Chickenpox and shingles

Chickenpox and shingles

Chickenpox (varicella) and shingles (herpes zoster) are two different forms of disease caused by the varicella-zoster virus, which is a deoxyribonucleic acid (DNA) virus closely related to herpes simplex and Epstein-Barr viruses. Initial infection causes varicella, a common childhood infection characterized by fever, malaise, and a rash consisting of dozens to hundreds of small fluid-filled lesions (vesicles) that are individually surrounded by reddened skin. Successive crops of lesions appear that eventually ulcerate and crust over during the two-week course of the disease. The virus is spread from person to person by the highly infectious respiratory secretions and lesion drainage. Varicella is rarely a serious disease in normal children but can be severe in immunocompromised individuals or in the rare adult who escaped childhood infection. Primary infection results in immunity to a new varicella-zoster virus, but the original virus lies dormant in nerve ganglia cells. See Epstein-Barr virus, Herpes

At some time in their life, approximately 10% of the population suffers subsequent reactivation of latent virus, which spreads to the skin overlying the affected nerve and causes a localized eruption of vesicles called herpes zoster. The vesicles are similar in appearance and in infectiousness to varicella lesions. This syndrome is usually well tolerated, although elderly persons may develop chronic pain at the site of reactivation. Herpes zoster in immunocompromised individuals may be prolonged or may disseminate to vital organs.

Varicella or herpes zoster in a normal host is self-limited and does not typically require antiviral therapy. In individuals with underlying immune disorders, treatment with the antiviral drug acyclovir decreases the duration and severity of disease. See Animal virus

References in periodicals archive ?
Working in conjunction with researchers in Leuven, Belgium, the team found BCNAs to be active agents against the varicella zoster virus (VZV), the cause of human chickenpox and shingles.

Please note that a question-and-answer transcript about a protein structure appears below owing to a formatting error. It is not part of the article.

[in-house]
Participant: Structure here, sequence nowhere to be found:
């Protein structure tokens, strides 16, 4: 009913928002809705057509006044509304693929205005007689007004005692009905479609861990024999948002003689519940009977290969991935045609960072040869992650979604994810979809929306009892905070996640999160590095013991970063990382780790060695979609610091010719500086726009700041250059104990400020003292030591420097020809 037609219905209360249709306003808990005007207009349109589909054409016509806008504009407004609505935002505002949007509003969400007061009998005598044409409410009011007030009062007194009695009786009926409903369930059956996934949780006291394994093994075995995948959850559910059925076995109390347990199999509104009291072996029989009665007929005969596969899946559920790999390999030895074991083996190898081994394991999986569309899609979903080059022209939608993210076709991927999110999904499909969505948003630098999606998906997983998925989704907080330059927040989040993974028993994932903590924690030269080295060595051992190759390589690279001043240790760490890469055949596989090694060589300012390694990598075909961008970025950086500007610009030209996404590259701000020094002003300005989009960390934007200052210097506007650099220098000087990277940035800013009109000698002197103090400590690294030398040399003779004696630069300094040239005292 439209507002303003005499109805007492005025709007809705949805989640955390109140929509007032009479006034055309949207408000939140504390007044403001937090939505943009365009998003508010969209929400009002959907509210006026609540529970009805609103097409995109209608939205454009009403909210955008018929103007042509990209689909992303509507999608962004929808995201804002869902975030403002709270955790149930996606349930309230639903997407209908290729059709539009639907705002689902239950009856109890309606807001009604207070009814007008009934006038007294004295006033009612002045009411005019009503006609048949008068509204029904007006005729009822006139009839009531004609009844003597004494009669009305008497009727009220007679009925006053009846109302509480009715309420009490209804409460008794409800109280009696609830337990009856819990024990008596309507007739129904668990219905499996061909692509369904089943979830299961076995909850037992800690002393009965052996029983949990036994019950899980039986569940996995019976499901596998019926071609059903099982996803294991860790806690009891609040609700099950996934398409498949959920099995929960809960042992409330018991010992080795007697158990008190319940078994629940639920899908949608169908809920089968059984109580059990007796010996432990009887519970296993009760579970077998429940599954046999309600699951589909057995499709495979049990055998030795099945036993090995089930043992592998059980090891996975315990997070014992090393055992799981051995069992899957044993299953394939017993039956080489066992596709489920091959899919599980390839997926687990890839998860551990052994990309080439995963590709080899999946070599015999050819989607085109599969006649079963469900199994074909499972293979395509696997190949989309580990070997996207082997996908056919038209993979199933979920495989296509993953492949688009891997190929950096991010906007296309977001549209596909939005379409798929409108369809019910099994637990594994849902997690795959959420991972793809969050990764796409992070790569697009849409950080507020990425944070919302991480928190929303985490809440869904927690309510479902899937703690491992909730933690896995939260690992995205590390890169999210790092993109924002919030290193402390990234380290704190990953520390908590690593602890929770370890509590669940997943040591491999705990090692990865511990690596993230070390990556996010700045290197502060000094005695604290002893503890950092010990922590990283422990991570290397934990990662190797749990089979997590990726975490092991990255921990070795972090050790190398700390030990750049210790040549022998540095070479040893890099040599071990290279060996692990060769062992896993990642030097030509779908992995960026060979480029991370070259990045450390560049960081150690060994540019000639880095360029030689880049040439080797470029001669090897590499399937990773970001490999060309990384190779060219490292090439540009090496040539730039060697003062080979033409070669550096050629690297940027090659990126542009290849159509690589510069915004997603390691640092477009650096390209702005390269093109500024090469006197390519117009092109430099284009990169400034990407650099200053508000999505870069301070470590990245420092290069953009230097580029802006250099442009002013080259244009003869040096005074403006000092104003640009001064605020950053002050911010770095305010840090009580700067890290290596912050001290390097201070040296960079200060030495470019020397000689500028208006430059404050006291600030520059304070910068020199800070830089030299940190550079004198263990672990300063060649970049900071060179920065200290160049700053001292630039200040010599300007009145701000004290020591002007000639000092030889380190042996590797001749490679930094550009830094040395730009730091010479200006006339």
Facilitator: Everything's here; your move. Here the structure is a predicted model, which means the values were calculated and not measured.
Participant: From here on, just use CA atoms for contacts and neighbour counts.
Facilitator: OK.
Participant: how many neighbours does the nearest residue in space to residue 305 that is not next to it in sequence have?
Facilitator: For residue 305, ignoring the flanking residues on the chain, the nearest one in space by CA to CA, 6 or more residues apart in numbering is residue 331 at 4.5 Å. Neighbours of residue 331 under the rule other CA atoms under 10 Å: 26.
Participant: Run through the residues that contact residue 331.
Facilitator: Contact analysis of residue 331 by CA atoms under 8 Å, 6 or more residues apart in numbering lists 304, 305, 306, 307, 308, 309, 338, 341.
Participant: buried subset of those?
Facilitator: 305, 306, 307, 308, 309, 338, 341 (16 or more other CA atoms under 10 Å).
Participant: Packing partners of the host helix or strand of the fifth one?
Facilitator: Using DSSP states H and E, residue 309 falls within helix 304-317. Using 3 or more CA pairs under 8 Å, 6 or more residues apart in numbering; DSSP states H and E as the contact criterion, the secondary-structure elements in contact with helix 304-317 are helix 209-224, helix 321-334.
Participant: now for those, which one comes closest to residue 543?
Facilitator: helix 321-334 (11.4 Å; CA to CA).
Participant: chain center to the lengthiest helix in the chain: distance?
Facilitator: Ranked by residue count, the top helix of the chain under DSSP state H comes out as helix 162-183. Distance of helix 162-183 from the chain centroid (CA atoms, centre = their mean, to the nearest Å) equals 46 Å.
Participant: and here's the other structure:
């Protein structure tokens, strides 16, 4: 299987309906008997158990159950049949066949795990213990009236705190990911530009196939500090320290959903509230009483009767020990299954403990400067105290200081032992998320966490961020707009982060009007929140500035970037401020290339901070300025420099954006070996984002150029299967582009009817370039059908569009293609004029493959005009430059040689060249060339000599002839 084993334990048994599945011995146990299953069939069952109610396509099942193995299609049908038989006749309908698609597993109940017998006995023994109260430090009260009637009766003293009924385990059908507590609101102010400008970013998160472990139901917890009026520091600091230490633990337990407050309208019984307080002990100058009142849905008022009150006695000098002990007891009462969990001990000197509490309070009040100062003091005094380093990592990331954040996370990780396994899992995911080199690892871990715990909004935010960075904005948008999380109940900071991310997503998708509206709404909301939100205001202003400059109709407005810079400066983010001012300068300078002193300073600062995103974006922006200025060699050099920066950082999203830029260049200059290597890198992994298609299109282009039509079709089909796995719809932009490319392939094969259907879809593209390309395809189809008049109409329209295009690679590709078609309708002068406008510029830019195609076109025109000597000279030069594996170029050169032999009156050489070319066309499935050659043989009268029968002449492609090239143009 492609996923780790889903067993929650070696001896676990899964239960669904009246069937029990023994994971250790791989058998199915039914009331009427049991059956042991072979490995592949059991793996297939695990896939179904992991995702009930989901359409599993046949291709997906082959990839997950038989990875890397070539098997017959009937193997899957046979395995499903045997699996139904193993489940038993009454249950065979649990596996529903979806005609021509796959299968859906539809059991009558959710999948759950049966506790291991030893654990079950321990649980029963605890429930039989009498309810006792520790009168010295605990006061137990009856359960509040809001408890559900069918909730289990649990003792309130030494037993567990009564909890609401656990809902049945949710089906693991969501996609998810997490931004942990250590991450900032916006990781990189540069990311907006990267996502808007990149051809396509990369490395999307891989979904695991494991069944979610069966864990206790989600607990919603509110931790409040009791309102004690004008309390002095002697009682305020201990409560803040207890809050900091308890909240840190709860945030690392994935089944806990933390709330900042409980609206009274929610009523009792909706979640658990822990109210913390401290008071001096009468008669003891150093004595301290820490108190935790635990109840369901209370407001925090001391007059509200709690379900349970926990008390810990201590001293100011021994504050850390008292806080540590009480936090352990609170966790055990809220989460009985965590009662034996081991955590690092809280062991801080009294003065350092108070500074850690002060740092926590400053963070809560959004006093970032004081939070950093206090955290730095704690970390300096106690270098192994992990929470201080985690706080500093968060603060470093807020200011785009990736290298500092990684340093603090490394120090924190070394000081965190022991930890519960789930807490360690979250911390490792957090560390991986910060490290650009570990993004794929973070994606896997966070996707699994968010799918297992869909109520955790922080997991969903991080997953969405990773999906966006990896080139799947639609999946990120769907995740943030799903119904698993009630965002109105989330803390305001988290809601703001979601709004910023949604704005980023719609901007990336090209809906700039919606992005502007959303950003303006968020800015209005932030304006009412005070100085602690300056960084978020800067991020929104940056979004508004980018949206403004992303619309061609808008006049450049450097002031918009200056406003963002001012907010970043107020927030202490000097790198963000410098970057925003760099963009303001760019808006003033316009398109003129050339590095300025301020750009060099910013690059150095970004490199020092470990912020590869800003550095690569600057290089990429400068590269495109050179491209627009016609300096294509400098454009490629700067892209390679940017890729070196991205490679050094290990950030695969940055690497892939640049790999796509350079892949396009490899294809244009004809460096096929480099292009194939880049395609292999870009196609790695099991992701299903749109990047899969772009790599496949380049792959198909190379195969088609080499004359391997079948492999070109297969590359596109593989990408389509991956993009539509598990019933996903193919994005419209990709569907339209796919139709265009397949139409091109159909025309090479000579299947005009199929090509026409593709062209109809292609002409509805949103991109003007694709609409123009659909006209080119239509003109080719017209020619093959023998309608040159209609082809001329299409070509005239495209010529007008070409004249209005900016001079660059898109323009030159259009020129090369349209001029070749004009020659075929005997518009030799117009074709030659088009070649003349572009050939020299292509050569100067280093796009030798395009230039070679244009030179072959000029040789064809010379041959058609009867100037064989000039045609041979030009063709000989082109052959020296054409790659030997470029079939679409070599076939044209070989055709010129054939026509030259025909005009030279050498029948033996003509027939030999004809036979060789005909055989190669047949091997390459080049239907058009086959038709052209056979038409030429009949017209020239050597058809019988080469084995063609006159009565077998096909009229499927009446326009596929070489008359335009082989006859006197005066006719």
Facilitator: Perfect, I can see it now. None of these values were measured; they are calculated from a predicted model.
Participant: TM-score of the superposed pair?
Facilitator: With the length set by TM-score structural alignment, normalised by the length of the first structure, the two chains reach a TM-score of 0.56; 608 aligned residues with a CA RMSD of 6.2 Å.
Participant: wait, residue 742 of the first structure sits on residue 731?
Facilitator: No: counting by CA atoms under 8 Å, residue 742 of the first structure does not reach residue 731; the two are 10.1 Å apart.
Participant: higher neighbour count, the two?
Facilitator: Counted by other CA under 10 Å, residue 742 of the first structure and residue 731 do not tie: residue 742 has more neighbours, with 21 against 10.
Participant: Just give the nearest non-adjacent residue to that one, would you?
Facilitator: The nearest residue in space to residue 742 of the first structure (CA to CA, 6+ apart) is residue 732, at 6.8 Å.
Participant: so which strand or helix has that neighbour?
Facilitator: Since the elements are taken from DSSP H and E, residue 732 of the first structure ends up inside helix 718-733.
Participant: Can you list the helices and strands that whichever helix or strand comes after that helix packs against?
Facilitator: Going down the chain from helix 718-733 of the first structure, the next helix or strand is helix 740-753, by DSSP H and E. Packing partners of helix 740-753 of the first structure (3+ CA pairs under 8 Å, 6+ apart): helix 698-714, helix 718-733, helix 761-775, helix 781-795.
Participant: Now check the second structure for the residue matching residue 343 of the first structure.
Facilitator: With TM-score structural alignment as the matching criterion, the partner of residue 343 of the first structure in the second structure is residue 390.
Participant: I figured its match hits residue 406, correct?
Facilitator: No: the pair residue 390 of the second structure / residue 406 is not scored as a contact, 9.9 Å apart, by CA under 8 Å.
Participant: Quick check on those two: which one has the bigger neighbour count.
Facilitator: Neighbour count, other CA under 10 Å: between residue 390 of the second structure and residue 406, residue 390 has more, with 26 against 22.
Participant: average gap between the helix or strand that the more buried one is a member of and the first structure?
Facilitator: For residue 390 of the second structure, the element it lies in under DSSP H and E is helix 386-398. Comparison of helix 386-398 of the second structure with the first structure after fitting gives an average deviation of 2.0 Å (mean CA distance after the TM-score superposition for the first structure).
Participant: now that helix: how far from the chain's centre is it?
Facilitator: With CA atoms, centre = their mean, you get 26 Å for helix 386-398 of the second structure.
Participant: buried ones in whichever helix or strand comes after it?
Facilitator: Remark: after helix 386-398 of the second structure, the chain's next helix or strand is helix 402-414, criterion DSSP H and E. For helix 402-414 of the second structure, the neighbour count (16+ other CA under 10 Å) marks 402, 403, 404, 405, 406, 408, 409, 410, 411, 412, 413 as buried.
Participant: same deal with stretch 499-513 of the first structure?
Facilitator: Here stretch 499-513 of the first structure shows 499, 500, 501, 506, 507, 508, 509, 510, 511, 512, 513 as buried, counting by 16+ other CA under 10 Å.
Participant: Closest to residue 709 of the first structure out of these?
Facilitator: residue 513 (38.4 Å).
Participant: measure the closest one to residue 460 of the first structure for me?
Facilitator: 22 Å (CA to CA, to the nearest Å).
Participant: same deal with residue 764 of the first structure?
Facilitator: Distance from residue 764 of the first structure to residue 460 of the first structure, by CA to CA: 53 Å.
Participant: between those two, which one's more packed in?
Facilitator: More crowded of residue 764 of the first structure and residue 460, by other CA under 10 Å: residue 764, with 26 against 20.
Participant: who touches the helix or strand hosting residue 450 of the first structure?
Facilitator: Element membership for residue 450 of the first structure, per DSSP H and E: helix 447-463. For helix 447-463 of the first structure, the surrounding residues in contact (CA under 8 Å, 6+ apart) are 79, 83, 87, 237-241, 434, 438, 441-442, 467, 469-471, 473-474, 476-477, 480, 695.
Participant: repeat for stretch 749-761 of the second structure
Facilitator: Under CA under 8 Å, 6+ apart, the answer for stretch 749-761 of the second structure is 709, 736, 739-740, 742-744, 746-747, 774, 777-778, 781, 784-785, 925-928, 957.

PREGNANT women should be asked about previous chickenpox and shingles infections when they book for antenatal care, according to updated Royal College of Obstetricians and Gynaecologists (RCOG) guidelines.
Anyone who has not had chickenpox should be told to avoid contact with chickenpox and shingles sufferers and they should let healthcare workers know if they might have been exposed, the RCOG said.
for use in Merck s vaccines to protect against chickenpox and shingles.
This National Institutes of Health (NIH)-funded study is the first rigorous clinical trial to suggest that a behavioral intervention, alone or in combination with a vaccine, can help protect older adults from VZV, which causes both chickenpox and shingles.
If and when such a vaccine is licensed we will consider all the evidence on its safety and efficacy in combating chickenpox and shingles.
It can, however, also be used against chickenpox and shingles.
The vaccine, chickenpox and shingles, a painful disease caused by the reactivation of the chickenpox virus (varicella-zoster virus or VZV) in later years, will be the subject of a special episode of The Cutting Edge Medical Report(R) on Thursday, February 1, 1996.
The virus that causes both chickenpox and shingles is known medically as the varicella-zoster virus (VZV).
While working on new anti-HIV drugs in close collaboration with the Rega Institute in Belgium, Prof McGuigan and his team stumbled across a powerful new family of compounds which attack the VZV virus - the cause of chickenpox and shingles.
National Institute of Allergy and Infectious Diseases (NIAID), NIAID Scientists Identify Human Protein that Helps Chickenpox and Shingles Virus Spread, October 19, 2006